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Study Paints Complex Picture of Americans’ Ethnicity


The United States is often described as a nation of immigrants, but the major ethnic groups do not have the clear-cut ancestry their names imply.

The United States is often described as a nation of immigrants, but the major ethnic groups do not have the clear-cut ancestry their names imply.

If you think America is all about black and white, think again.

A new study of more than 160,000 Americans shows how complex our racial and ethnic mix really is.

The United States is often described as a nation of immigrants. Most of us do not have to trace our family history back more than a few generations to find an immigrant ancestor. We, or our ancestors, may come from West Africa or Vietnam or Germany or Mexico. And we usually think of ourselves as white or African-American or Latino or Asian.

But the details are a lot messier than those neat categories.

A California genetics company called 23andMe analyzes customers’ DNA to provide them with information about their ancestry. The company's senior research director, Joanna L. Mountain, and her colleagues aggregated that data to tease out the complicated ancestry Americans have written in their DNA.

“We have, now, hundreds of thousands of people who’ve contributed their genetic information as well as answered survey questions about how they self-identify and where they were born, and so on," Mountain said. “And so we put all that information together to create a genetic portrait of the United States.”

She said the major ethnic groups do not have the clear-cut ancestry their names imply.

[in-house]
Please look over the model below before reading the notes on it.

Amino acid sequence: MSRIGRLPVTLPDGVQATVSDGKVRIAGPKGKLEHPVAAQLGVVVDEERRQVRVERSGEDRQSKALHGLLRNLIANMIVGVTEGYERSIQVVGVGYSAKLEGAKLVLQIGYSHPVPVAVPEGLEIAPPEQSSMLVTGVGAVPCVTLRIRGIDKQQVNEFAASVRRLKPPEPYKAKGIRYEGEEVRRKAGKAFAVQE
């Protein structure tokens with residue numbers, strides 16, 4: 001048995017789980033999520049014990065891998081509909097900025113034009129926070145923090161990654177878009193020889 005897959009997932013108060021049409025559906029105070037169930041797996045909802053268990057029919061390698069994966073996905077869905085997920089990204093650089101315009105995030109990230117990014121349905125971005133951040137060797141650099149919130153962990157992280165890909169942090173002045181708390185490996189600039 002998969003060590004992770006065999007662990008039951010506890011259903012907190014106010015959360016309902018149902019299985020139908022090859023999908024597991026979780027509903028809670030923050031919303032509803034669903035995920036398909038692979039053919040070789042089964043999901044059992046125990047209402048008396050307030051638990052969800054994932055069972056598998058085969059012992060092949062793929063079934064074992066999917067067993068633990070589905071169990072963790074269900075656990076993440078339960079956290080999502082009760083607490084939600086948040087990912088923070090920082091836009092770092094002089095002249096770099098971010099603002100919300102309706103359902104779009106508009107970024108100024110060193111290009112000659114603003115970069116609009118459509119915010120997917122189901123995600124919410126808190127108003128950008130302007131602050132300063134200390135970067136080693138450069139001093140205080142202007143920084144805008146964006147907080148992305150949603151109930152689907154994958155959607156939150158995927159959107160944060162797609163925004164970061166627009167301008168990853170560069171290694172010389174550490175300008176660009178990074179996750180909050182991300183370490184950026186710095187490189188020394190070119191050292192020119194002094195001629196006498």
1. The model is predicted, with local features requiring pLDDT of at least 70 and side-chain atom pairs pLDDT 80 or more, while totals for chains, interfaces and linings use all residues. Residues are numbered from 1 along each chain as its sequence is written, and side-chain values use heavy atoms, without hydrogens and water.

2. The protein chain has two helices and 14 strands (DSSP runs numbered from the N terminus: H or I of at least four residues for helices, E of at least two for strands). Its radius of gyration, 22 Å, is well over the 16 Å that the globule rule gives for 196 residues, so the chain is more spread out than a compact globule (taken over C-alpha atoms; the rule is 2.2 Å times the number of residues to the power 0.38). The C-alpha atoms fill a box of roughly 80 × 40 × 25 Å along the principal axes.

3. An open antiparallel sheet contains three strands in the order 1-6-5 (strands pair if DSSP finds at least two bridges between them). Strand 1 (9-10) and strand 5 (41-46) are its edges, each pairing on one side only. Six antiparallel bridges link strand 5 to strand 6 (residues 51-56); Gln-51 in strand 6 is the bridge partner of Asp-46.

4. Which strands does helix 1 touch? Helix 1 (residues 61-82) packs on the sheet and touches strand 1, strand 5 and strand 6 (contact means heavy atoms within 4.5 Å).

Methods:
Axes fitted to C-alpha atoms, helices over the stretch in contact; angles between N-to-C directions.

“If you look at African-Americans, European-Americans and Latinos, people in all of those groups can have ancestry from any of those three continental regions. Even all three.”

About one in 30 Americans who identify as white has 1 percent or more African ancestry. European ancestry is much more common among African-Americans, the study found, reflecting in part a history of white men having sex with enslaved women in the 1700s and 1800s.

“The genetic data that we are looking at really kind of fit with those stories about interactions between these groups hundreds of years ago,” Mountain said.

People in this study who call themselves African-American had on average almost one-quarter European ancestry. The DNA of Latinos reflected almost two-thirds European ancestry.

The study by Mountain, lead author Katarzyna Bryc and colleagues is published online by the American Journal of Human Genetics.

One caution about this study: The 23andMe customers whose genetic information was used are not necessarily representative of all Americans.

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